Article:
KARACHI: Before analysing a two-person exhibition titled Un-Thinking that’s under way at the Canvas Art Gallery, here’s a kind of a prelude to it:
The ad nauseam uttered and written Cartesian proposition ‘I think therefore I am’ is losing its charm, in the sense that without refuting its meaningfulness, modern-day writers and philosophers have altered it a great deal. For example, (and ironically this, too, has now been oft-quoted) one novelist believes that ‘I think therefore I am’ is a statement of an intellectual who underrates toothache. The fiction writer goes on to suggest that ‘I feel therefore I am’ is a truth more universally valid because the basis of the self is not thought, but suffering.
The two participating artists –– Sanie Bokhari and Zahrah Ehsan — are aware, rather acutely, of all these debates. So what they have done is that they have taken the ‘think’ part out of the equation and dealt with the situations that have compelled them to create artworks in a way that’s open to interpretation. Do not misunderstand: they are not negating their selves. Instead, they are putting the things that happen around them for the viewer’s perusal with a generic, non-specific dimension. This gives their creations a larger outreach. The ‘unthinking’ therefore signifies both the indifference on the part of society and the artists’ attitude to the sadness that they feel because of it.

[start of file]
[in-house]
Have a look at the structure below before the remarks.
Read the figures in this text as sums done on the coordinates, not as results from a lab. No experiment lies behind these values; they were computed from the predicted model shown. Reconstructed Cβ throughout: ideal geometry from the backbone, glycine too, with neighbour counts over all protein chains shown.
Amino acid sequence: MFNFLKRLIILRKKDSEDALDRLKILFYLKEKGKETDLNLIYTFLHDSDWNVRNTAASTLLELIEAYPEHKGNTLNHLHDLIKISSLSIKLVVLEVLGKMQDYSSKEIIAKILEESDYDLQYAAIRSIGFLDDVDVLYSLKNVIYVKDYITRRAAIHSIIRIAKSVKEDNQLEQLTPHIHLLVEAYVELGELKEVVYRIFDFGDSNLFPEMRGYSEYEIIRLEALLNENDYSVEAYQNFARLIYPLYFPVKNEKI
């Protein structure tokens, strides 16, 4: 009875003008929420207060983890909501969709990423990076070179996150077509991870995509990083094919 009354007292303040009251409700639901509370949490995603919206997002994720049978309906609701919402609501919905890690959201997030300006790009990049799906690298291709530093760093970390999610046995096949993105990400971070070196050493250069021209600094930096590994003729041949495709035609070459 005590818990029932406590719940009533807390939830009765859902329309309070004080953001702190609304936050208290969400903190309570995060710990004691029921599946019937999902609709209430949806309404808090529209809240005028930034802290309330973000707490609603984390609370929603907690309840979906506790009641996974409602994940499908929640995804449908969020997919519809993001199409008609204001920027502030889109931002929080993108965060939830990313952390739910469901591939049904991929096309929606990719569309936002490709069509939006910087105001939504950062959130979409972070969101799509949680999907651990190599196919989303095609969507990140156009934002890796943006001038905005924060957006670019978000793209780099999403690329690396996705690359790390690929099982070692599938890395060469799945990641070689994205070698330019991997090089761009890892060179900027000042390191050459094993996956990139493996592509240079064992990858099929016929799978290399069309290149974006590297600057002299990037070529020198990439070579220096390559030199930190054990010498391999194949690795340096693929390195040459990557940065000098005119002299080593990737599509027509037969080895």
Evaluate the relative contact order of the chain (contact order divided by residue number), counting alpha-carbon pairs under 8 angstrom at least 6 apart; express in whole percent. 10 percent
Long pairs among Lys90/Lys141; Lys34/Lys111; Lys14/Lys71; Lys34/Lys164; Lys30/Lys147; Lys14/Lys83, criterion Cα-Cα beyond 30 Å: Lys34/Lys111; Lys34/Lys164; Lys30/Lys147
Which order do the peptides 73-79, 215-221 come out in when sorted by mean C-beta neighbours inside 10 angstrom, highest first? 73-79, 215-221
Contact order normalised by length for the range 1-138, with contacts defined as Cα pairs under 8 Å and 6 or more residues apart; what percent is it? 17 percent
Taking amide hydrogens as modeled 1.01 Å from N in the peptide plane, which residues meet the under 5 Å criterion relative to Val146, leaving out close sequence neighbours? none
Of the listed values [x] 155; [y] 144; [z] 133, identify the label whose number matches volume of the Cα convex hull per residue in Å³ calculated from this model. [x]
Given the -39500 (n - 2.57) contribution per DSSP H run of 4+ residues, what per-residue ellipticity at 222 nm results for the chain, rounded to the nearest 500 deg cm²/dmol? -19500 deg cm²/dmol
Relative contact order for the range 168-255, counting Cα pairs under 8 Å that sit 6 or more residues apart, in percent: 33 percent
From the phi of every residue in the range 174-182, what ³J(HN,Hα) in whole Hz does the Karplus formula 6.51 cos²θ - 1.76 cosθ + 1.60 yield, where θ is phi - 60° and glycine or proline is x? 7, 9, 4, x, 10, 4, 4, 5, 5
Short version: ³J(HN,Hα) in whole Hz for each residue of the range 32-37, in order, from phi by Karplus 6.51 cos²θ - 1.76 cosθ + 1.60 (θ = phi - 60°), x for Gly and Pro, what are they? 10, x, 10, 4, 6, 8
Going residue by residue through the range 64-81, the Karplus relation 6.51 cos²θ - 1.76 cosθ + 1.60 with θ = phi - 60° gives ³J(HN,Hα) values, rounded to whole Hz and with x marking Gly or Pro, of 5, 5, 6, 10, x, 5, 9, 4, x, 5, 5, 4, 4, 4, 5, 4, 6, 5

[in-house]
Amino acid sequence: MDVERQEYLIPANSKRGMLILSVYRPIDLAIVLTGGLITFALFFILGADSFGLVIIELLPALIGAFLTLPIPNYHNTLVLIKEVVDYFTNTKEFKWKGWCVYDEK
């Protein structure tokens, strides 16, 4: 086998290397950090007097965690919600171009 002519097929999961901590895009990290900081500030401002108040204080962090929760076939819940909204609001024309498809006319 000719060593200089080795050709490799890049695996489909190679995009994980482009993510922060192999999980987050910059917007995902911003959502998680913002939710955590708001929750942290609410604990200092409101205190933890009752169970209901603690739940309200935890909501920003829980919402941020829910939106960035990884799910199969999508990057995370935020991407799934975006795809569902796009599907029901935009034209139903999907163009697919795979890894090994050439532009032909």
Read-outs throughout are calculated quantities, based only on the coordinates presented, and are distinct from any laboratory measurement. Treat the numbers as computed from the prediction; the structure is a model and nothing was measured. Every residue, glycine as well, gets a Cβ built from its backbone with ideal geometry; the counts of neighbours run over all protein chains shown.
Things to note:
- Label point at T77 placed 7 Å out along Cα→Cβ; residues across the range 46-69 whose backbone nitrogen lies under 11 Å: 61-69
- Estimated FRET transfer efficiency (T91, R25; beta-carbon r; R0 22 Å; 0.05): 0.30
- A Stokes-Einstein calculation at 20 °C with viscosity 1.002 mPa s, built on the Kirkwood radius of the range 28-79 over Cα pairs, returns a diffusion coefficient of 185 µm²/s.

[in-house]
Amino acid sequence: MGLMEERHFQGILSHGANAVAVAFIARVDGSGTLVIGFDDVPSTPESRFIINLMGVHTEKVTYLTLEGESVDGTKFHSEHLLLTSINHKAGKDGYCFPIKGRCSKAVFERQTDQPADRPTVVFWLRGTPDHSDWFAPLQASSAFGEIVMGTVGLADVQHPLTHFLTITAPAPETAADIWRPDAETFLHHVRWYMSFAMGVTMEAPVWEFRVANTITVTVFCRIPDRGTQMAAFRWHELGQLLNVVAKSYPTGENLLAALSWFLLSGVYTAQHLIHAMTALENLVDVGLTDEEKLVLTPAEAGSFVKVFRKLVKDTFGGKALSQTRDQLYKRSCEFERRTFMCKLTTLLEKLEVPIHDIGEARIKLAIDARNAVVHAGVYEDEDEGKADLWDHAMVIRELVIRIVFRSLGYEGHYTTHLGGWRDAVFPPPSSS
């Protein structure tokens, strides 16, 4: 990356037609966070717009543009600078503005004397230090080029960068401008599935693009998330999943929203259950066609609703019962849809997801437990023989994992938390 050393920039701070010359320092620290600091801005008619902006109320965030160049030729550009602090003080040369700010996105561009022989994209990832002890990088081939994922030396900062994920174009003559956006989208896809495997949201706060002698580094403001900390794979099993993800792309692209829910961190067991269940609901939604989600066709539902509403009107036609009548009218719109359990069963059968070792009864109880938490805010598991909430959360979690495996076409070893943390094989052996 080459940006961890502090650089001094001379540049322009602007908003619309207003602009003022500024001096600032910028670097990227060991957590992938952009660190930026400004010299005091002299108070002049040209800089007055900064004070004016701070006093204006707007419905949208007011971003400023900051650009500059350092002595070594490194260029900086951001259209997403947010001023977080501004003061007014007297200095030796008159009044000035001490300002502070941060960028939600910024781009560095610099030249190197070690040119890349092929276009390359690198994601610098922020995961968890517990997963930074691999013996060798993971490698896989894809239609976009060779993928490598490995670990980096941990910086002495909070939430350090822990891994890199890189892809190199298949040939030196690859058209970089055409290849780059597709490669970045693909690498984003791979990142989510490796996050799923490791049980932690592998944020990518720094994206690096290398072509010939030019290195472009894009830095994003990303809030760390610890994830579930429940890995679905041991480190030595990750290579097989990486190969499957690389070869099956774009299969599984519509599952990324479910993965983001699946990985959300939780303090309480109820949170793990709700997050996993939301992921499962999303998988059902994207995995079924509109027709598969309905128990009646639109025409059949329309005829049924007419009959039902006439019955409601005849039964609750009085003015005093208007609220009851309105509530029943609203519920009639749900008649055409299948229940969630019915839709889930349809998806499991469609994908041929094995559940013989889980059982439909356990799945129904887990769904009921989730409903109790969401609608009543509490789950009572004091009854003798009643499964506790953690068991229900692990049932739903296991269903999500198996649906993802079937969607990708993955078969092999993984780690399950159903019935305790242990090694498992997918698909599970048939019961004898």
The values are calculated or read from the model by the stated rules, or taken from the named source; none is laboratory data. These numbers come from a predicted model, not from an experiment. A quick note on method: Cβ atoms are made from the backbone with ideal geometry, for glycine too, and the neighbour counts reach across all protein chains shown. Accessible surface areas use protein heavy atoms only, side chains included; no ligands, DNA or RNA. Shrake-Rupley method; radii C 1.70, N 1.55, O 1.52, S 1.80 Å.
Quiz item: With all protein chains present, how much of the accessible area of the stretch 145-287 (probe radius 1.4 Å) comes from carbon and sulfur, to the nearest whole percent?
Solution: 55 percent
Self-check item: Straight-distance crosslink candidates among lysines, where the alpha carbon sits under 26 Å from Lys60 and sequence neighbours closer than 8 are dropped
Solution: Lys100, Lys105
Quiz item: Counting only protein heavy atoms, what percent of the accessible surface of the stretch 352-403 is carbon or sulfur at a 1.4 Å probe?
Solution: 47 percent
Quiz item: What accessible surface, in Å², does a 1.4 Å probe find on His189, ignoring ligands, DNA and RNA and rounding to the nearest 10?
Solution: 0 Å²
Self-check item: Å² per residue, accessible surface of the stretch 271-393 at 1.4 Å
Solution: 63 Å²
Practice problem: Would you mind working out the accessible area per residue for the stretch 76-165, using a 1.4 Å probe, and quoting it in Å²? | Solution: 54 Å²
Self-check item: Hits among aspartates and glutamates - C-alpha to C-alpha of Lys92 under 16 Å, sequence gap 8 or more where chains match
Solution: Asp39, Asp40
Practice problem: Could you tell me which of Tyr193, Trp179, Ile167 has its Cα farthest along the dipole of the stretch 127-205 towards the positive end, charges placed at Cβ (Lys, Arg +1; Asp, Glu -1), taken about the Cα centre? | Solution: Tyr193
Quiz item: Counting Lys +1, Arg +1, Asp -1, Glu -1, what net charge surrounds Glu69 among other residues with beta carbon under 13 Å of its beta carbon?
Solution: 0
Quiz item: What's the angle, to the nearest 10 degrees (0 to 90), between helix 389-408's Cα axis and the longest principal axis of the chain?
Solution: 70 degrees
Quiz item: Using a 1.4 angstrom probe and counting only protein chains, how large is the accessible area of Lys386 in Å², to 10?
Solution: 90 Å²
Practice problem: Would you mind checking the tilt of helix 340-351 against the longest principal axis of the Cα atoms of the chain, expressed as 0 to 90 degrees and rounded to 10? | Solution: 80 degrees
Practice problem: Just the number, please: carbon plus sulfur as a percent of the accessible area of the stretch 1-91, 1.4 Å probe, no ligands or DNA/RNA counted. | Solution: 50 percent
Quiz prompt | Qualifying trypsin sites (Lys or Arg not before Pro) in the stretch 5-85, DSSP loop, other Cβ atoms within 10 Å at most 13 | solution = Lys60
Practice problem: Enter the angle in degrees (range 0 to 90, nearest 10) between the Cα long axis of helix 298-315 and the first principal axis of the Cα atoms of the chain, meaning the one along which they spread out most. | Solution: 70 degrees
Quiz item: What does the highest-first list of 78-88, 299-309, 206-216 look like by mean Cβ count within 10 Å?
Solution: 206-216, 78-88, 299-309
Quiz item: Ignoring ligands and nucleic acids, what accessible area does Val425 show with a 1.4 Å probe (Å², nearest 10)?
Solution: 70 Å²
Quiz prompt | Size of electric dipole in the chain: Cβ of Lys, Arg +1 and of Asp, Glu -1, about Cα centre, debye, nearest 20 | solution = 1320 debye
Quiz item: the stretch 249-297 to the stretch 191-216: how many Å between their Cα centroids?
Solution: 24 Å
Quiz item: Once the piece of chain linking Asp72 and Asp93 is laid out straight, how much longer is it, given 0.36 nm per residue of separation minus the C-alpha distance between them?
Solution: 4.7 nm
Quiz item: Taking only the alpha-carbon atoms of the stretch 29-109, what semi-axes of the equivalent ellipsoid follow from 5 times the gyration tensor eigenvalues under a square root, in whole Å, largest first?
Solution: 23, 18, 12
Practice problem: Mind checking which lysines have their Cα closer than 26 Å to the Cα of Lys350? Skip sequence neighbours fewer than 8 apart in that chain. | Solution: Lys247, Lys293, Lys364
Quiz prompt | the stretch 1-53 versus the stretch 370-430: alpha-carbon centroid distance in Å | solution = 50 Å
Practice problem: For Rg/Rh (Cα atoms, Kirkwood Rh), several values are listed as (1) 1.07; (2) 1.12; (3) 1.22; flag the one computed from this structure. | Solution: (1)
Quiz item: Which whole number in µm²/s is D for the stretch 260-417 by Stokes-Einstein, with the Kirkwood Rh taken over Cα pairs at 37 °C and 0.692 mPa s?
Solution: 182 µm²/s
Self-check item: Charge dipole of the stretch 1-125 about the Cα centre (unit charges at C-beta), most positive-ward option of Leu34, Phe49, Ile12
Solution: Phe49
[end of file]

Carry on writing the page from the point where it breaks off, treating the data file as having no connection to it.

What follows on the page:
Zahrah’s ‘Gold Raindrop’ series (acrylic, oil paint, markers on canvas) is a testimony to the observation. One gets the feeling that a fierce interior monologue is going on within her system. This is validated by her statement in which she mentions ‘stream of consciousness difficulties’. These difficulties pertain to ‘undelivered promises’. And this is where the ‘unthinking’ begins. The artist conveys the whole process intelligently.
Sanie approaches the subject with a wider angle. She touches on complex topics, such as those of memory and marriage, with a creative flair that both bedazzles and educates the viewer. The piece ‘How far does your memory go’ (charcoal, photo transfer on cardboard paper) is a reminder to society how important it is to look back, even when you are suffering or just thinking about nothing.